It is not very often that fate offers meaning to experiences and helps them align with people’s expectations. But for musician Vijaynarain Rangarajan, the passion and love for the art form urged him to travel back home to India from his ‘monotonous’ corporate life in Australia. The ideation with samples of music, application of his own creations in terms of sounds and musical elements and experimenting with his guitar for around six to eight months led him to create Rayil Pogum Idam, his recent track. We roped him in for a quick candid discussion about the same.
Moment of crescendo
“Around June or July, I travelled to the Netherlands to visit my sister,” Vijay narrates, revealing details of how he arrived at the concept of the song. “One of those evenings, I was sitting with nothing much to do. I was listening to my Dropbox, which had some of my unfinished scratches and then I was like ‘Hang on... this sounds like a full song’. All the ideas seemed to be fleshed out,” he continues. He highlights that the music along with his scenario at the time, which involved quite a bit of travelling, acted as the base for something special.
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Having written a few dummy lyrics for the track, upon his return to India, the artiste had attempted to rope in famed lyricist Super Subu, known best for the popular track, Hukum, from the Rajnikanth-starrer, Jailer. But as fate would have it, Subu’s appreciation of the existing lyrics being intimate and sensible also urged him to encourage Vijay to finish the song himself. Thus came about the soul-stirring words of this song.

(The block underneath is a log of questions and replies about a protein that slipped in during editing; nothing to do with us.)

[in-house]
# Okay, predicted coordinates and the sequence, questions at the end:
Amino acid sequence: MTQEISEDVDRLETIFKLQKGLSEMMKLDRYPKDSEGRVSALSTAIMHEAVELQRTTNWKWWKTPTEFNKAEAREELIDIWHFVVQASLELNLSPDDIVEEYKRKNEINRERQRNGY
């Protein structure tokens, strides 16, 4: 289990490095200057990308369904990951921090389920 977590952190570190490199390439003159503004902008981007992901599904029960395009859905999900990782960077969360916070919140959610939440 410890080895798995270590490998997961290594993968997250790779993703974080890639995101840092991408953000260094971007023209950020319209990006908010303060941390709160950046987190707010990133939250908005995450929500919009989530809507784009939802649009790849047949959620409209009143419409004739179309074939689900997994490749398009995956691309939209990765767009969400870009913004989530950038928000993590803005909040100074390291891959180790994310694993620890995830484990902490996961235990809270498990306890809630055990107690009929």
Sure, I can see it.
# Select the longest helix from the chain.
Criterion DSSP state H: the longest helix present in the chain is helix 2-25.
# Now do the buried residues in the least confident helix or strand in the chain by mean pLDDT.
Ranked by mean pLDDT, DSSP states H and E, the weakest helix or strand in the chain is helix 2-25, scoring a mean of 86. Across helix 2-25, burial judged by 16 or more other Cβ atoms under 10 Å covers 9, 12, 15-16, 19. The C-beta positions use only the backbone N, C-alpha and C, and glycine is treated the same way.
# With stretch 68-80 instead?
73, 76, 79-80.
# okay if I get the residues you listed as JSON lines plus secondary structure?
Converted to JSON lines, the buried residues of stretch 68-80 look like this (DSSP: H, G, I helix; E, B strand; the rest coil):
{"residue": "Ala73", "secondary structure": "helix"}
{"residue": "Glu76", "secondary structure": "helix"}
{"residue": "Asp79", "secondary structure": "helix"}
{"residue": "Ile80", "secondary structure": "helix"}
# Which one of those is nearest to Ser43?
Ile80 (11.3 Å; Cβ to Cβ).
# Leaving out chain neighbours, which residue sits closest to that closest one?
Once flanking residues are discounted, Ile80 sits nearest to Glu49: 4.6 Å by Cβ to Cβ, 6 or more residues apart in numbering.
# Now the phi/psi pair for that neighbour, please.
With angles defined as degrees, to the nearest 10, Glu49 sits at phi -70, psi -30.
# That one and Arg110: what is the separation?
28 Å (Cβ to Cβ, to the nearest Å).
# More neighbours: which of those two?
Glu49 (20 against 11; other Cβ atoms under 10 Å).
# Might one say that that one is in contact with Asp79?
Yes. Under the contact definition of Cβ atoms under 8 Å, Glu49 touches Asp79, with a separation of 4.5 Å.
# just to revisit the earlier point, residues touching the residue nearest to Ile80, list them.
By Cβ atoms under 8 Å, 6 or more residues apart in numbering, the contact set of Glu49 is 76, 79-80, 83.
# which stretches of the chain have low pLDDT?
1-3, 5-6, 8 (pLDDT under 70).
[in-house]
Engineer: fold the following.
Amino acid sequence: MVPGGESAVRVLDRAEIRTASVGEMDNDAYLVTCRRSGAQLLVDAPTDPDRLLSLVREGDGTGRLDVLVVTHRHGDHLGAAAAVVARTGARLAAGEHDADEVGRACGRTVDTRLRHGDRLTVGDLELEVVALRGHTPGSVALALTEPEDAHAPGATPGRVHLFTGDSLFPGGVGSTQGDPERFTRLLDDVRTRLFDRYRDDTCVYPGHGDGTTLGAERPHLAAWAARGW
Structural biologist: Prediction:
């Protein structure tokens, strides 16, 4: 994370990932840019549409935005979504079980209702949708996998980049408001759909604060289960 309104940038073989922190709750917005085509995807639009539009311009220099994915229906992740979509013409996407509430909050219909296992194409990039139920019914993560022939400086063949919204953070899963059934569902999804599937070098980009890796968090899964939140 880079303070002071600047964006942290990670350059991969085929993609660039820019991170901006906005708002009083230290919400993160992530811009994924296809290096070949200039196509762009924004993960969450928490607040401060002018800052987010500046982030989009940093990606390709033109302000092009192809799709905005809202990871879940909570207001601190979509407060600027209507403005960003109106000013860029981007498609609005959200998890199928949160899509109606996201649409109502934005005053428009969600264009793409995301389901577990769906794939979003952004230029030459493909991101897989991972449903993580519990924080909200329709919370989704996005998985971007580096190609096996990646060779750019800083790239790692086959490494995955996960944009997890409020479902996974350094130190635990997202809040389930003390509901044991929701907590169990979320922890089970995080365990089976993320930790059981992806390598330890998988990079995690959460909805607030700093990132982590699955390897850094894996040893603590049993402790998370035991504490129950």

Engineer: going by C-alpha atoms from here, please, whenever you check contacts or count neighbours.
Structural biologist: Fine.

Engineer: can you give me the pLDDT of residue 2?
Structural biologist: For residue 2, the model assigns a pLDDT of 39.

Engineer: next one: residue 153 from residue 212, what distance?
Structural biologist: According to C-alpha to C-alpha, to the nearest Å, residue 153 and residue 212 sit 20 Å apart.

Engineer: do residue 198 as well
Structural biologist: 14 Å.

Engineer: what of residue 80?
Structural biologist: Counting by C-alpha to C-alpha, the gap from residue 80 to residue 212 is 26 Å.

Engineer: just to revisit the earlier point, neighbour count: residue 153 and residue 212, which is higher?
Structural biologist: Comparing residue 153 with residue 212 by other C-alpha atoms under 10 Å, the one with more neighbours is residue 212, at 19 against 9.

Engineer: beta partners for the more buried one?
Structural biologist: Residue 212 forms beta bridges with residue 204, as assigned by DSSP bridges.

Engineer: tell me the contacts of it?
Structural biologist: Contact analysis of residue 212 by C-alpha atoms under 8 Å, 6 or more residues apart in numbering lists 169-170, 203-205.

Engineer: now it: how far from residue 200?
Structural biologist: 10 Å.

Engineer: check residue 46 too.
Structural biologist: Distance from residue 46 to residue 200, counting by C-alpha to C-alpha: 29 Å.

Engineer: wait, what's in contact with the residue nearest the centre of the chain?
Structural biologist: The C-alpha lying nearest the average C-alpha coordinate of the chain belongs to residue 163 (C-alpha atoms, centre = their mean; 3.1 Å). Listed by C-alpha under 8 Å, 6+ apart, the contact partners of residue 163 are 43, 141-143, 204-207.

Working it out
During our chat, we also learned that the musician considers this song as his nod to the popular singer and guitarist John Mayer, and also is inspired by music of music band Hollow Coves. Comparing this song to his favourite John Mayer song, Stop This Train, which also revolves around the concept of travelling but through a different lens, he says, “I wanted my song to be more hopeful. But the metaphor present in Stop This Train seemed to be the apt one to borrow.” Therefore Rayil Pogum Idam, in contrast, is a traveller’s song and focuses on the singer being one. He presents to the listeners — “I don’t know where this train goes and I don’t care because I am sitting by the window, watching the world go by and it is beautiful”.
We also asked Vijay about the process of the shoot of the music video. Praising the efforts of its director, Viswanathan aka VVish, the crooner, tells us that the song was shot over a span of two days and with a small team of four including himself, in Nagercoil. “This experience here was more of an honest connection I was making than walking around in Europe. It was great to go back and appreciate the lifestyle and surroundings that Nagercoil had to offer,” Vijay observes.
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As the musician reminisces about the deep journey of creating the song, he also reveals his plans going forward. The singer and music producer tells us to look out for more original songs and performances in the near future, including being part of a big act in Chennai by a prominent Tamil music artiste.
Rayil Pogum Idam's music video is streaming on YouTube.